Five reasons to attend USC’s cultural heritage celebrations
Food, music, dance and powerful personal stories: How the Trojan Family celebrates cultures of students, faculty and staff on campus.
Every year, USC celebrates the many cultures that make up the Trojan Family at on-campus events with food, music, dance and powerful personal stories. Here are five reasons to appreciate the meaningful, impactful work of the many students, faculty and staff whose tireless efforts make these events a reality.
To see art as resistance
The Queer and Ally Student Assembly’s PrideFest was held in the evening for the first time this year with onstage host Rae Oblivion setting the tone for the Sept. 29 event in McCarthy Quad. Oblivion is the drag persona of Saneel Sharma, a junior at the USC Roski School of Art and Design, whose resolve to dazzle onstage was strengthened by the plethora of anti-LGBTQ+ laws — including some bans on drag performers — being proposed or passed in parts of the United States. “Instead of being afraid, I’m more angry,” they said. “That anger is fueling my drive and is making me want to express my drag more.”
Learn more about LGBTQ+ History Month.
To hear traditions in a contemporary setting
The first-ever campuswide celebration of Native American Heritage Month recognized the cultures, spiritualities and lands of Native Americans. A highlight of the Nov. 15 event was performances of a traditional form of Cahuilla music known as bird songs, which serve as an oral tradition to keep the history and spirit of both the family and the tribe alive. “These songs are the songs of our people,” Derek Duro, head singer of Torres Martinez Bird Singers, told the crowd inside the Ronald Tutor Campus Center’s Trojan Family Room. “Everything from our creation story to our migrations to where we’re at today — and they’re social songs.”
Learn more about Native American Heritage Month.
To learn about distinctive dances
The crowd at Founders Park attending the Asian American and Pacific Islander (AAPI) Heritage Month celebration on April 6 was clearly dazzled when members of USC Troy Philippines performed a traditional Filipino folk dance known as tinikling, which involves dancing with bamboo poles. Many, like USC Viterbi School of Engineering junior Joshua Lee, had never seen anything like it before. “That was actually very cool to see,” said Lee, who is Filipino. “I’m going to ask my mom about it.”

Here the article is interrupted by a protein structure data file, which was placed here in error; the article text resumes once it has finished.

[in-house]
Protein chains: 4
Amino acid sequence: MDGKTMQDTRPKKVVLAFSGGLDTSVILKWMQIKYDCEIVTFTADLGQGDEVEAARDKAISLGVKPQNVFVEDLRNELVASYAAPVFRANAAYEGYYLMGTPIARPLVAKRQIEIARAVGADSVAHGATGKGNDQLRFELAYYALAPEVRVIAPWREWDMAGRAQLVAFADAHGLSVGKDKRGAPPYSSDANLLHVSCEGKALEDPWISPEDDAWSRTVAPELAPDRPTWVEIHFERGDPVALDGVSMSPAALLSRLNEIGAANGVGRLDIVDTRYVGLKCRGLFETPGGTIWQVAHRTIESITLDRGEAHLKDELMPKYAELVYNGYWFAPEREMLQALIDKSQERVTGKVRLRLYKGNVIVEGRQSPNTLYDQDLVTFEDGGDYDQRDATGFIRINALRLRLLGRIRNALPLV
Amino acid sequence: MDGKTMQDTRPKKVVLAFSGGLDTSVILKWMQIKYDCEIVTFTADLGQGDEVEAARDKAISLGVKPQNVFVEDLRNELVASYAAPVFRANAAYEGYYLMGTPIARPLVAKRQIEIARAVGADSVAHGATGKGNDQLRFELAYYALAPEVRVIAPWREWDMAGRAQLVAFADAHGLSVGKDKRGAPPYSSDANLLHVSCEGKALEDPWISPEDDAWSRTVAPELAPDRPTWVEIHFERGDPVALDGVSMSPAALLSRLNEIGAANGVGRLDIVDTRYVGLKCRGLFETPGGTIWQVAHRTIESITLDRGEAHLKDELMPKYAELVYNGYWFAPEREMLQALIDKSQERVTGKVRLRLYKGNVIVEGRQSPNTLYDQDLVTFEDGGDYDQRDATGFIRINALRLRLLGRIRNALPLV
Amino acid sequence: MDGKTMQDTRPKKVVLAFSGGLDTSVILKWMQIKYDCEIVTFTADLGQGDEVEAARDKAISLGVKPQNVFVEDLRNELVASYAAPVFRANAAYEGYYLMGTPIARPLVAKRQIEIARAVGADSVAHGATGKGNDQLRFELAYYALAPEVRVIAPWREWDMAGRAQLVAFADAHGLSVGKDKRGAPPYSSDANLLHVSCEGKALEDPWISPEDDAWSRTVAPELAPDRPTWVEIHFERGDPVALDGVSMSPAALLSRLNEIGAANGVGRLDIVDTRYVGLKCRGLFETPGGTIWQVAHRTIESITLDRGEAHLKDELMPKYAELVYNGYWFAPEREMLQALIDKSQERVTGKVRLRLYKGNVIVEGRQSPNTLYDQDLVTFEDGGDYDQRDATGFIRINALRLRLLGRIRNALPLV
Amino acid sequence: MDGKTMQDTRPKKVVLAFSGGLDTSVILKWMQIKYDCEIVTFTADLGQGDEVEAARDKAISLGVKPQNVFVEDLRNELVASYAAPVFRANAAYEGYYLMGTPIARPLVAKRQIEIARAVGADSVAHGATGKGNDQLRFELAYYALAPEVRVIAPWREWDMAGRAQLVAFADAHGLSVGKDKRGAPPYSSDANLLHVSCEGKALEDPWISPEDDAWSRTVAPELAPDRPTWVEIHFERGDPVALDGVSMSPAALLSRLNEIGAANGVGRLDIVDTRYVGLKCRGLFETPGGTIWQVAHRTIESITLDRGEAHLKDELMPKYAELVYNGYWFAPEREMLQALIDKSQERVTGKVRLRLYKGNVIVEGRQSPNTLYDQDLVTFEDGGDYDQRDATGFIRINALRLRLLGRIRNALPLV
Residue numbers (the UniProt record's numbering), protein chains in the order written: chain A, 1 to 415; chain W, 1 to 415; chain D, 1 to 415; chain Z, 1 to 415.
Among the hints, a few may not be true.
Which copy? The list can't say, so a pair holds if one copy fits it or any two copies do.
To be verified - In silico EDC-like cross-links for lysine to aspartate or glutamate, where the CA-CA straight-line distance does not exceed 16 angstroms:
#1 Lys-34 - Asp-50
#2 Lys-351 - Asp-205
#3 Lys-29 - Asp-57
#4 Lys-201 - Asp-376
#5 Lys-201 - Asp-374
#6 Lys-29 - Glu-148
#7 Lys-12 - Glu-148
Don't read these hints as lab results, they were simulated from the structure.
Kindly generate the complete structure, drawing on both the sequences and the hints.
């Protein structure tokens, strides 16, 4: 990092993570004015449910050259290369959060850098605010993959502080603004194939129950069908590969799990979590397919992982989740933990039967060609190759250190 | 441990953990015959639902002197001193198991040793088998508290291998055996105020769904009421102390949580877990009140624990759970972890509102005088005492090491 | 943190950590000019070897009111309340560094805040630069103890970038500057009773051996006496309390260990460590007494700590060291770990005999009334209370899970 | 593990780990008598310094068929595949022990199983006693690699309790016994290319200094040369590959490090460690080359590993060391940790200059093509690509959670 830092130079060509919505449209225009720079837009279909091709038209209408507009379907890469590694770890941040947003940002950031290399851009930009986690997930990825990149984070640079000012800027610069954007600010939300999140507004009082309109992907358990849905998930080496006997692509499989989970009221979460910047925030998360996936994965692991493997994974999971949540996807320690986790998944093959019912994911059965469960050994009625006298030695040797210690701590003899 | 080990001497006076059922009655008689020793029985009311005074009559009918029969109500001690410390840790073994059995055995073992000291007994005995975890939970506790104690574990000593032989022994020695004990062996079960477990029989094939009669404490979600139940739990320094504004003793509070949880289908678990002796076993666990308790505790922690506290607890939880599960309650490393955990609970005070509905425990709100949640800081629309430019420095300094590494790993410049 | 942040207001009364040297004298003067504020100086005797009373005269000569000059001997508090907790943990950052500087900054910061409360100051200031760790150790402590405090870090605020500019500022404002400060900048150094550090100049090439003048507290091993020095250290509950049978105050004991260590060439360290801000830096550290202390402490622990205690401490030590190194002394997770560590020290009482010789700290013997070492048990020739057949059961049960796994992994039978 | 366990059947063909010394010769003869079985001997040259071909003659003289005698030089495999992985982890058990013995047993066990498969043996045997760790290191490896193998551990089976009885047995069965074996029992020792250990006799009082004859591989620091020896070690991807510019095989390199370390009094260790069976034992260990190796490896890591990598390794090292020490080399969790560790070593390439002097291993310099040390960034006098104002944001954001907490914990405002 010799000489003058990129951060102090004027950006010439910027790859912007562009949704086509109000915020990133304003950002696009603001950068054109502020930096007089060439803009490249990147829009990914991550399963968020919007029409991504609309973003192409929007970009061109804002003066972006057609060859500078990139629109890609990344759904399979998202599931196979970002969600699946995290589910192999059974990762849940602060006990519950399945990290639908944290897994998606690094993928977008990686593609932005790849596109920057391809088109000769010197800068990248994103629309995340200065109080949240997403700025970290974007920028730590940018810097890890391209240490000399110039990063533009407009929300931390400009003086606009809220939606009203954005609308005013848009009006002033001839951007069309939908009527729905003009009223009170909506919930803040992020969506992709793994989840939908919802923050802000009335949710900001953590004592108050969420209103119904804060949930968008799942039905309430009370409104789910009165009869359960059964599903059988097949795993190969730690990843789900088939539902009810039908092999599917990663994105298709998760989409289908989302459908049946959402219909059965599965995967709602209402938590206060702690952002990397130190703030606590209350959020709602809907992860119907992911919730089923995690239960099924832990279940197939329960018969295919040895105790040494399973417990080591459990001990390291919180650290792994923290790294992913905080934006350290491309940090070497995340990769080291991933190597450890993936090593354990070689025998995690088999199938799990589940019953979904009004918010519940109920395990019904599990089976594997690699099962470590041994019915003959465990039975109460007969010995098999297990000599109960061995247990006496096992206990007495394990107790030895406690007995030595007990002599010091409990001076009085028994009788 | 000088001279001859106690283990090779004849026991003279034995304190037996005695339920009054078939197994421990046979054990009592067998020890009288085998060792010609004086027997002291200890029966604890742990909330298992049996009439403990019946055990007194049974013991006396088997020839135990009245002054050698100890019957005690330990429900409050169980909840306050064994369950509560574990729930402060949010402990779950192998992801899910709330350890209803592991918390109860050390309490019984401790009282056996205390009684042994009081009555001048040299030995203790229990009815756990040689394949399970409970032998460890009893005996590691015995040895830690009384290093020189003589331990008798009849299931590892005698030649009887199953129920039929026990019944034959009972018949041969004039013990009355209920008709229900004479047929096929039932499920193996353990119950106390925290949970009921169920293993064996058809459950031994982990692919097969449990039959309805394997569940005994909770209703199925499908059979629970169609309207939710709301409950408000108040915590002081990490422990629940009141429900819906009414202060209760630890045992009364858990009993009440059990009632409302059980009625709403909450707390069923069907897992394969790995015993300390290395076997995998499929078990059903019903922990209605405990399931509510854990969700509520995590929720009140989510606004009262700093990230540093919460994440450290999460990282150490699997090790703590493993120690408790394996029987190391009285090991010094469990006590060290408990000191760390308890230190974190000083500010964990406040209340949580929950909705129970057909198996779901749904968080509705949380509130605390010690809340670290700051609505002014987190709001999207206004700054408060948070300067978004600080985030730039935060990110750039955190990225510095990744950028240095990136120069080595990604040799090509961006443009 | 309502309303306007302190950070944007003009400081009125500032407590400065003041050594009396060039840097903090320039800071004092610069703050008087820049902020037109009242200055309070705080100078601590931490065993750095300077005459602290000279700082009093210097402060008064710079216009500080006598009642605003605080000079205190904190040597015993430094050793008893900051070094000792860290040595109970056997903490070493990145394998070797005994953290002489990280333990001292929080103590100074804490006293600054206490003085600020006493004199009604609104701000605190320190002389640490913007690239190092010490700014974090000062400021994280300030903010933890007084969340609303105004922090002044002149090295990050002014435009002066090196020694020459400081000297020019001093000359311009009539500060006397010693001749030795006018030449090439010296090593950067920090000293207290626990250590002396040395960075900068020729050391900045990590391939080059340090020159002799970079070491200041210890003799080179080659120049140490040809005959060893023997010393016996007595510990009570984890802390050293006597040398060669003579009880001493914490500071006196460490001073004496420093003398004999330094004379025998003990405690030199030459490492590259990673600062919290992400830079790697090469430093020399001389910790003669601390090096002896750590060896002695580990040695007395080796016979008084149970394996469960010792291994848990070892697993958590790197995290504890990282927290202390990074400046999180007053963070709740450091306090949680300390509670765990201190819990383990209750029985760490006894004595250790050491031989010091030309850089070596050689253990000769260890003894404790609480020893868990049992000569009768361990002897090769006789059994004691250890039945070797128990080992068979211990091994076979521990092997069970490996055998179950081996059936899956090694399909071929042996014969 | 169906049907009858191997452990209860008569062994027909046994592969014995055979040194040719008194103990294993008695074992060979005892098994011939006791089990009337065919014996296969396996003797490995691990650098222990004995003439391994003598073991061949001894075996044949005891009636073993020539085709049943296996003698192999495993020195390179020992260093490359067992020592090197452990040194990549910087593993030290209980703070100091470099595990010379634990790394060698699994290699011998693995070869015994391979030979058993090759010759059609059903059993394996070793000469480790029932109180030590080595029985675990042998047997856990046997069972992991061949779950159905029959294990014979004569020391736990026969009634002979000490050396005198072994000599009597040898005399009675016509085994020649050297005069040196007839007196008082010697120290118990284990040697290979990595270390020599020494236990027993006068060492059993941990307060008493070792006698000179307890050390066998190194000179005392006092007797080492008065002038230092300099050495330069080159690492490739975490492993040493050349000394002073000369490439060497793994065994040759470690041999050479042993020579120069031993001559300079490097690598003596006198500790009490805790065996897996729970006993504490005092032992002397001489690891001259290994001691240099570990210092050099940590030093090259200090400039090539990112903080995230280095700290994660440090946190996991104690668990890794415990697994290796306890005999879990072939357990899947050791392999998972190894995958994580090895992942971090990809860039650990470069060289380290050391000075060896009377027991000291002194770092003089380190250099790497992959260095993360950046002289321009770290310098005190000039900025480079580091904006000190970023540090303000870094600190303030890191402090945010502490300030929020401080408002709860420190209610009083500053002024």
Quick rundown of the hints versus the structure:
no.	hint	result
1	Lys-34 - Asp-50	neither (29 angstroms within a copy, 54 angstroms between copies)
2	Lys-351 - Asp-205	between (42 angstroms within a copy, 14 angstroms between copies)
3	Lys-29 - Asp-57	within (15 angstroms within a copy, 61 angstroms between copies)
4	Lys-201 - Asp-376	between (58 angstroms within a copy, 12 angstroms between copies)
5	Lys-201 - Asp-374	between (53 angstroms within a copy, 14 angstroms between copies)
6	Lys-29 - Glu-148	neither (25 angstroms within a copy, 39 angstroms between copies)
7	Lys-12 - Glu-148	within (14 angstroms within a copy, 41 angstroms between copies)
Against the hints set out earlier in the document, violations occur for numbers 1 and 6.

Learn more about AAPI Heritage Month.
To build community
In the final moments of the Arab American Heritage Month kickoff event at Hahn Plaza on April 3, Middle Eastern North African Student Assembly co-director Nour Myra Geha took to the stage and reflected on the recent effort to create the first on-campus club for Middle Eastern and North African students and the successful push for the Undergraduate Student Government to admit the club as its own assembly. “We knew it was going to take a lot of time and a lot of hard work and a lot of effort,” Geha told the crowd of 200 people. “What we did not know is by building this up, we were going to be creating a community where real relationships are formed, where culture is shared and appreciated.”
Learn more about Arab American Heritage Month.
To foster future hopes
Best known for his performance in the 1988 film Stand and Deliver, Edward James Olmos shared with the large audience of students, faculty and staff at the closing event for USC’s Latinx/e Heritage Month that he has been battling throat cancer for 10 months. But he did not hesitate to accept the invitation to be the featured speaker at the Oct. 11 event with the theme of “Unidad, Prosperidad y Cultura (Unity, Prosperity and Culture).” Olmos said to the crowd: “Every single one of you guys are a breath of hope for the future, man. I’m crying because I’m happy that I can see so many faces.”
Learn more about Latinx/e Heritage Month.